You are currently viewing Veganism as a Radical Act of Love with Jonathan Dickstein

Veganism as a Radical Act of Love with Jonathan Dickstein

If you have interest in the Curb the Binge podcast, I know something about you: above and beyond most people, you have an awareness that what we put into our mouths matters. With every choice we make, we are causing an impact: an impact on our bodies, our energy levels and our ability to create a meaningful output in this world.

One area we may or may not think about is how our choices affect the whole. We hear about climate change on the news – but are we connecting it to the everyday practices that we do? This is the crux of human evolution – our own ability to take these matters into our own hands.

Addiction is a disease of disempowerment. For some reason, because of childhood patterns, life events, etc., we are given the message that we don’t have the power to create massive change in this world. Thus, our purpose is extinguished to a tiny flame. And yet, it never goes out. It can always be re-ignited.

And, miraculously, when we connect to our sense of purpose, addiction no longer has a place. The pieces start to come together and the reason we became addicted – as a substitute for what we really want and desire – is no longer there anymore. Without a reason for addiction, addiction itself if extinguished.

This is the power of Purpose. In today’s episode, PhD student and Intermediate level Iyengar Yoga instructor and practitioner Jonathan Dickstein gives us a powerful injection of Purpose. We will explore:

  • What assumptions must we accept in order to use animals and their products for food?
  • What consequences are these assumptions having on our world at large? What is happening behind the curtain that we don’t see, aren’t privy to, and yet keep the engine of our consumption running?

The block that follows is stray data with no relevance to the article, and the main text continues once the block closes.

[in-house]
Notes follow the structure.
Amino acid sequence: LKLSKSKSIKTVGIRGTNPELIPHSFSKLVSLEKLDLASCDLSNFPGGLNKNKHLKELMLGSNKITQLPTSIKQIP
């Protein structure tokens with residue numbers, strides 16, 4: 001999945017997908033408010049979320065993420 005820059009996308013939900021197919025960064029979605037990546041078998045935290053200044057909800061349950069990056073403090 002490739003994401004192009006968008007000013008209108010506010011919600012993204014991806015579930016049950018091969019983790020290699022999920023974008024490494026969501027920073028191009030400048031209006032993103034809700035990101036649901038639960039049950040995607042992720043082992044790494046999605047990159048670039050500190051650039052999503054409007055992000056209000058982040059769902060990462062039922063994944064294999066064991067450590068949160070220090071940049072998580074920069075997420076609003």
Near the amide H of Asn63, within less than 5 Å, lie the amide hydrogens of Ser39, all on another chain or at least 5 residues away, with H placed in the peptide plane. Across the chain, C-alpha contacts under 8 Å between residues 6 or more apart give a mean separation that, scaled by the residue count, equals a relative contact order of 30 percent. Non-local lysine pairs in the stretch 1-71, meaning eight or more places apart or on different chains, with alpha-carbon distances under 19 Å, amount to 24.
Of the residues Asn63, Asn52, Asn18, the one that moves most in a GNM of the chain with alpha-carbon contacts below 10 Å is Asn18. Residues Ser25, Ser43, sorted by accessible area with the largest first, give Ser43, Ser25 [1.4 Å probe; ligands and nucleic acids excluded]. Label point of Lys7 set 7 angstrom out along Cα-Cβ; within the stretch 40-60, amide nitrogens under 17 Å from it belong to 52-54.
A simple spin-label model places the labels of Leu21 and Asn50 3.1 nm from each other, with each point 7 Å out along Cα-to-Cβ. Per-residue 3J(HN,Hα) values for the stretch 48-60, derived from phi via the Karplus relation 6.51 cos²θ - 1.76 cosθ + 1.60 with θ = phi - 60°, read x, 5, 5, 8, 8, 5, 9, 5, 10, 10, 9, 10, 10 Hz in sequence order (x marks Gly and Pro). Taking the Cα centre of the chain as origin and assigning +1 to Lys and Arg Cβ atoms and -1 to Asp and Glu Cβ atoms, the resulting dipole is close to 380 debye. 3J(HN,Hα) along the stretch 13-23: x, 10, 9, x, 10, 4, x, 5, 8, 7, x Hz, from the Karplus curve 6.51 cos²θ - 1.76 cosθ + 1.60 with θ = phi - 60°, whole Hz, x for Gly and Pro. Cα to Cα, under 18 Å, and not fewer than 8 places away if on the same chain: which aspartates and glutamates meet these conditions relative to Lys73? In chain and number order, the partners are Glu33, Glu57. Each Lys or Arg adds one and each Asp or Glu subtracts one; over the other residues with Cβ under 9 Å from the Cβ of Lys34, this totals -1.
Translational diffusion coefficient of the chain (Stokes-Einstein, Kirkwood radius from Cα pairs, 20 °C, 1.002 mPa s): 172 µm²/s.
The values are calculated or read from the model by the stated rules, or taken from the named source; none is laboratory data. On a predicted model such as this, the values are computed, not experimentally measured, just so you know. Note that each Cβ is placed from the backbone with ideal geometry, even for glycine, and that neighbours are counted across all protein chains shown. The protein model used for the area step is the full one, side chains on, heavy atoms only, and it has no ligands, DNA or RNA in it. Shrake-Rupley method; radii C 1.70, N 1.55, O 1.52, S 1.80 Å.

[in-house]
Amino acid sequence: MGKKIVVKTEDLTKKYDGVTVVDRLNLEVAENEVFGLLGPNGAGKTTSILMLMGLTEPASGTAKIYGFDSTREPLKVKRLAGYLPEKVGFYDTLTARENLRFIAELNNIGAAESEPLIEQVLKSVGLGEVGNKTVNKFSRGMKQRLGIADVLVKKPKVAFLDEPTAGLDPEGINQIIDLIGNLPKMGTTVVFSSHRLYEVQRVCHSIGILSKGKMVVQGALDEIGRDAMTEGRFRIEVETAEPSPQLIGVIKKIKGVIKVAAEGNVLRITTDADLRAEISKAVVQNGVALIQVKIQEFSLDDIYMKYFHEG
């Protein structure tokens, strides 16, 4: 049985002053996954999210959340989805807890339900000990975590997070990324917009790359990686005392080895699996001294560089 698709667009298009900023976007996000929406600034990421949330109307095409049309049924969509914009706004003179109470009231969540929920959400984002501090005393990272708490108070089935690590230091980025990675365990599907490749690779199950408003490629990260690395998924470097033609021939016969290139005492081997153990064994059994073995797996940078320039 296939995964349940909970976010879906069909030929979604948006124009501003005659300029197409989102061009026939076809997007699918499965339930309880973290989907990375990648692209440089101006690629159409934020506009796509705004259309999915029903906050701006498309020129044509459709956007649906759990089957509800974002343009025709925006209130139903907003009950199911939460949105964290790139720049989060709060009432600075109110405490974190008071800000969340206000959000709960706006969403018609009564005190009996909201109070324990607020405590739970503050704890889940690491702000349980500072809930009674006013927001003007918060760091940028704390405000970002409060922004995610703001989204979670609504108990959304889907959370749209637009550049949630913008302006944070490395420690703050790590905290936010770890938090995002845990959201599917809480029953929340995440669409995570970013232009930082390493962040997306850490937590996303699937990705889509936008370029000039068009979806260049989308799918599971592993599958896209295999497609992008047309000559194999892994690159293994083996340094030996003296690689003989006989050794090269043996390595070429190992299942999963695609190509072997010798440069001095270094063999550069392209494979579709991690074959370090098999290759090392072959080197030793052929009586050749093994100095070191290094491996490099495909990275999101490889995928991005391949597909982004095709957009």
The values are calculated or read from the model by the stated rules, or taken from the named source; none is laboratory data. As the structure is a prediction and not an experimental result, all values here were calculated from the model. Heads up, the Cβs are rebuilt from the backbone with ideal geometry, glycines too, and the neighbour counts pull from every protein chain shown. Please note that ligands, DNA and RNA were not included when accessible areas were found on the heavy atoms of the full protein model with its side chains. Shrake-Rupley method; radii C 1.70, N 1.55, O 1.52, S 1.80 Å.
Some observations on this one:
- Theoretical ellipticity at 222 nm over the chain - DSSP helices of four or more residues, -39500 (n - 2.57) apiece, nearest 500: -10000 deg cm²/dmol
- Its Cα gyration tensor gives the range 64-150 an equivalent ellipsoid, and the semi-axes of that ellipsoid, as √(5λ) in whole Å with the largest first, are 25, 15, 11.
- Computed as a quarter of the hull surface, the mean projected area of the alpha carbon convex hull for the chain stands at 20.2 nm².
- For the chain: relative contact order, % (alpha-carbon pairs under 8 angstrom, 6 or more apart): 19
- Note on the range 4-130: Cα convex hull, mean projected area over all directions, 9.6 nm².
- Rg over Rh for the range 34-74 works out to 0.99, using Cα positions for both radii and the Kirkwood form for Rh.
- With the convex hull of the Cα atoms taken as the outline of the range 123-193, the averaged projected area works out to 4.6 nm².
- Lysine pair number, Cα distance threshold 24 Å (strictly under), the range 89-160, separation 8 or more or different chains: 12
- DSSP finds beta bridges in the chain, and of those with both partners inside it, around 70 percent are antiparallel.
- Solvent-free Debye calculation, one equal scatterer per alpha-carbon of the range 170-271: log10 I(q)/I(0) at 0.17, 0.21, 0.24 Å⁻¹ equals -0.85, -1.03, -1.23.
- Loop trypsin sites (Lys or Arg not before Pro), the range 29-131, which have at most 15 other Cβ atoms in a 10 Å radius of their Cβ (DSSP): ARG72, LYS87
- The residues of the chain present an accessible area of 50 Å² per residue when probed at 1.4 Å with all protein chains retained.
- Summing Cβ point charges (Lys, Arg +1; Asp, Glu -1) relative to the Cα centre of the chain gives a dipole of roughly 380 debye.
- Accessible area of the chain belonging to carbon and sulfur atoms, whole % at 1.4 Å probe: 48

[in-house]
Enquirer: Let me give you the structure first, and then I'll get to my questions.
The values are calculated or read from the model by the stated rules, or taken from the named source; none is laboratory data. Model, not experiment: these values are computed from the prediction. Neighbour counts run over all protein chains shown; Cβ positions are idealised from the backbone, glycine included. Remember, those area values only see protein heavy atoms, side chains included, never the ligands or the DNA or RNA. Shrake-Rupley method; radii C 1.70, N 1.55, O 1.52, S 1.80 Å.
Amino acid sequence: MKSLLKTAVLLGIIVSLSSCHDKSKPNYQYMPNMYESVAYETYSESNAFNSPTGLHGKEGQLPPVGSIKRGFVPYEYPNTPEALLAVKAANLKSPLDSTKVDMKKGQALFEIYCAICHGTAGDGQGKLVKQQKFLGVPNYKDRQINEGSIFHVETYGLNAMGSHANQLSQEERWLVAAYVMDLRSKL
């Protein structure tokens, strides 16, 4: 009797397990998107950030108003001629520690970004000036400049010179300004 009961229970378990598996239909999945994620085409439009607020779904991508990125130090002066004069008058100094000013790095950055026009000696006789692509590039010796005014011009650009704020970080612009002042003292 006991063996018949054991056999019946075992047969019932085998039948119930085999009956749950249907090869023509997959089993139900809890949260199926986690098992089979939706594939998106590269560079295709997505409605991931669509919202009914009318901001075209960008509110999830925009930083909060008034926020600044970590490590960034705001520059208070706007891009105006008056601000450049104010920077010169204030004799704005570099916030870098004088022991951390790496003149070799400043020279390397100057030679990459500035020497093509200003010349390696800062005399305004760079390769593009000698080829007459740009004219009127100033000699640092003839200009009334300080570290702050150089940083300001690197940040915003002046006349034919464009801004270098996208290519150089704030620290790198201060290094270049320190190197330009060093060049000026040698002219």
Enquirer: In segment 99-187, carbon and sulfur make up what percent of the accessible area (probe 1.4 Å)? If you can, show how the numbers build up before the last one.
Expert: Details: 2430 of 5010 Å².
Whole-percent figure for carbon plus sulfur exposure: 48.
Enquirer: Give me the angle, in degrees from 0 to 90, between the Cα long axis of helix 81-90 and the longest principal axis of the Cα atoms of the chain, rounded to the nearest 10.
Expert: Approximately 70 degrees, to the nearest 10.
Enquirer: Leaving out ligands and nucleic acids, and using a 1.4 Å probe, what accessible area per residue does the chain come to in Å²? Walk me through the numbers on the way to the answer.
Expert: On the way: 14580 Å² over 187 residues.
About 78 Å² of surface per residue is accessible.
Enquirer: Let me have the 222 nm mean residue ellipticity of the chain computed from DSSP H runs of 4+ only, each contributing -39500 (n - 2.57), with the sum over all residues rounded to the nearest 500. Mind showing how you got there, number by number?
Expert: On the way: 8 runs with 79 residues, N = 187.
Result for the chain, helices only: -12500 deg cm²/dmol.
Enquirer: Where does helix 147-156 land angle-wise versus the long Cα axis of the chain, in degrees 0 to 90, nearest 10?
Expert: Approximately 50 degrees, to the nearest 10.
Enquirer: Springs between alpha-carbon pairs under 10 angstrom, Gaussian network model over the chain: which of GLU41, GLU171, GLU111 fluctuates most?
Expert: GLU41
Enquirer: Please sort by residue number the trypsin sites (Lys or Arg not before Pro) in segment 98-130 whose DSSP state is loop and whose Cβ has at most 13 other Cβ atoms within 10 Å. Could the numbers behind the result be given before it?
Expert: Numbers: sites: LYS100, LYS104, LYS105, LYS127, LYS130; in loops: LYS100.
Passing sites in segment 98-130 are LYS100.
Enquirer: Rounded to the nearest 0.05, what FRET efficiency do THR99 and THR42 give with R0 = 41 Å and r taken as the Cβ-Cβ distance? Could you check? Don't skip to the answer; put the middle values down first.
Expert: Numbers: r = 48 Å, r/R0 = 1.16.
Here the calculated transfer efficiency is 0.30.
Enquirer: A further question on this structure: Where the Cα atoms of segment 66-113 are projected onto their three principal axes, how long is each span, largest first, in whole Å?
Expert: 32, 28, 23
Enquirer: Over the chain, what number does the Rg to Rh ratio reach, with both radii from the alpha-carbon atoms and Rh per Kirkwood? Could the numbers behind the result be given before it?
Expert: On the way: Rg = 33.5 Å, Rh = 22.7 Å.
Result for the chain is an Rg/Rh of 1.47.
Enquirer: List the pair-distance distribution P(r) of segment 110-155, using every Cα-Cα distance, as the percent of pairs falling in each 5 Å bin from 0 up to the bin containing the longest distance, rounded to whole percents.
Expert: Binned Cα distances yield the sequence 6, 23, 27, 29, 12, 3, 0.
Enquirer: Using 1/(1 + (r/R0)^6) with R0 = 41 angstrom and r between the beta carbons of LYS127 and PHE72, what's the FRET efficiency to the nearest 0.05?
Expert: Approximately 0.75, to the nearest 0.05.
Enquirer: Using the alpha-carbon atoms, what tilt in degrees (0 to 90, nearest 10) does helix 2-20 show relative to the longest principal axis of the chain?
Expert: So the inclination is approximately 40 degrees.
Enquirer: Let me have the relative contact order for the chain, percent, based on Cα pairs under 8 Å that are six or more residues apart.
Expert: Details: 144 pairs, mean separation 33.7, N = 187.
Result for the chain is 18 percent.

• What are the mindset changes and shifts in awareness we must make in order to make veganism easy (and not about food/diet)?
  • What are some challenges common on the vegan journey, and how Jonathan has overcome them.
  • What is the difference between vegan, plants-only and plant-based?
  • If we decide we are interested in veganism as a potential life path, where can we find support?
  • What does the research say about veganism and health?
  • Where can we find more effective educational resources on this subject?

At the end, I discuss my own experience with veganism and my perspective – as a Health Coach – on why so many (especially food addicts) try veganism and seemingly “fail,” throwing our bodies out of balance and eventually returning to an animal-product-inclusive diet. I also offer a solution to this issue that is targeted to food addicts, but can be extremely helpful for anyone who is trying to make this shift to veganism, a healthy one.

Here is an article by Jonathan Dickstein in the Boulder, Colorado publication, The Daily Camera.

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